Tax changes on buy-to-let properties have meant a greater financial burden on landlords. In an effort to remain profitable, many of them are looking to diversify their investments.

One area of interest is mixed-use or semi-commercial property. These are buildings such as shops with flats above them, or public houses that have a mix of commercial and residential use.

Unlike buy-to-let property, mixed-use property is not subject to the extra 3% stamp duty.

Yields tend to be higher than residential property, typically sitting at 7.6% compared to 6% for residential accommodation. Commercial tenants will often be responsible for maintenance and this can save considerable sums each year.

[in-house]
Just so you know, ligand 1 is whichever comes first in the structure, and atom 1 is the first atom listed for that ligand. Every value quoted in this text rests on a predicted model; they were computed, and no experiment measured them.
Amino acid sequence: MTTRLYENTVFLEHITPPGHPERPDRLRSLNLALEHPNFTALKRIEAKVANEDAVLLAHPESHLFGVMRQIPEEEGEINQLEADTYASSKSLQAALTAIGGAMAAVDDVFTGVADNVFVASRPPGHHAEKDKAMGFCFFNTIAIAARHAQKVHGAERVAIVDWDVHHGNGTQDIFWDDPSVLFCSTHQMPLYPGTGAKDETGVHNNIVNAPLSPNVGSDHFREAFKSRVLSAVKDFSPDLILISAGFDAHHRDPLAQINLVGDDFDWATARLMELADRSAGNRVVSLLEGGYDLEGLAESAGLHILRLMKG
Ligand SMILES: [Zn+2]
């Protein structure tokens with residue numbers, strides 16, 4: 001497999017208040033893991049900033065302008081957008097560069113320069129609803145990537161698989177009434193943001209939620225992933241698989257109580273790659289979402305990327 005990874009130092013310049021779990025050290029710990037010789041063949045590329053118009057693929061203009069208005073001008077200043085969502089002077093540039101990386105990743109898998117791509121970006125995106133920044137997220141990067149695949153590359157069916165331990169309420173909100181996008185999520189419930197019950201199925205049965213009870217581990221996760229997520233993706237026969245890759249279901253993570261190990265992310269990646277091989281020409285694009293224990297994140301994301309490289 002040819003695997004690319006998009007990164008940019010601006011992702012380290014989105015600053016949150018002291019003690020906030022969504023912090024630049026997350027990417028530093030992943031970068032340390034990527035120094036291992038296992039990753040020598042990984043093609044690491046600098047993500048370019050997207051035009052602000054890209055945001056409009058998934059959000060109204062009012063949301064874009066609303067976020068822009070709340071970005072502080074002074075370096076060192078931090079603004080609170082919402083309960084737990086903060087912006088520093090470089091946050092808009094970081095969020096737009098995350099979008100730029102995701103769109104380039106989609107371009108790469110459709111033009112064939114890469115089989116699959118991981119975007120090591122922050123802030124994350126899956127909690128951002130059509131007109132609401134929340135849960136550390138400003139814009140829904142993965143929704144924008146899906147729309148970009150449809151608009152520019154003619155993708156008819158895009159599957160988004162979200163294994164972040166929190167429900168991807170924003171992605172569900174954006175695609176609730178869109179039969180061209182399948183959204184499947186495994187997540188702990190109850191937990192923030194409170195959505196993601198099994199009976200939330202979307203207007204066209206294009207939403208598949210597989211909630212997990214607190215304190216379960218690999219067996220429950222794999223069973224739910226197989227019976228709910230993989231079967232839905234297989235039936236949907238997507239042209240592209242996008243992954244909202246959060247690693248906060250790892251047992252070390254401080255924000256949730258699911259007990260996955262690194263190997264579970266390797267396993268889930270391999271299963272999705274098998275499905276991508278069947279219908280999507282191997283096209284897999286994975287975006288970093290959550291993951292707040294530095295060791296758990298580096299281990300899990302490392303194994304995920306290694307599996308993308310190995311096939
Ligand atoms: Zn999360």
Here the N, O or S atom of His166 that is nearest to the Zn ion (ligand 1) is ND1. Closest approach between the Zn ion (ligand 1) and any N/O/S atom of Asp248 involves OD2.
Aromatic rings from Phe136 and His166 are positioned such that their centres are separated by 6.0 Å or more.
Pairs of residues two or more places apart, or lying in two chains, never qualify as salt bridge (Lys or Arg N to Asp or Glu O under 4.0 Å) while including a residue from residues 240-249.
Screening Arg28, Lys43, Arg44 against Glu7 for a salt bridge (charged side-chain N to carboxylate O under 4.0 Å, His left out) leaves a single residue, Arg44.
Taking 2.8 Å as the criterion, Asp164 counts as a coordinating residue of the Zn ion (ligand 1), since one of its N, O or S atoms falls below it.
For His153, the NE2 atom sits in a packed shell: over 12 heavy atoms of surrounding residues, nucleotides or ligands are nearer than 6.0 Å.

There are some drawbacks to semi-commercial property. Capital growth is difficult to predict, and property with tenants on a long lease and in a profitable business sector will tend to be valued higher. Commercial mortgages tend to be high and there can be high fees. Borrowers will need to put down around a 25% deposit.

Louise Riding of Stacks Property Search is positive about semi-commercial property, saying:

“With the right product, the sector offers the ability to secure long-term and often indexed income from the commercial element and capital growth from the residential.”

Semi-commercial property should be seen as a long-term investment and not one for a quick profit.

There are many specialist lenders that can provide a commercial mortgage to finance semi-commercial property deals. A broker can source the best deals for landlords wishing to enter this market.

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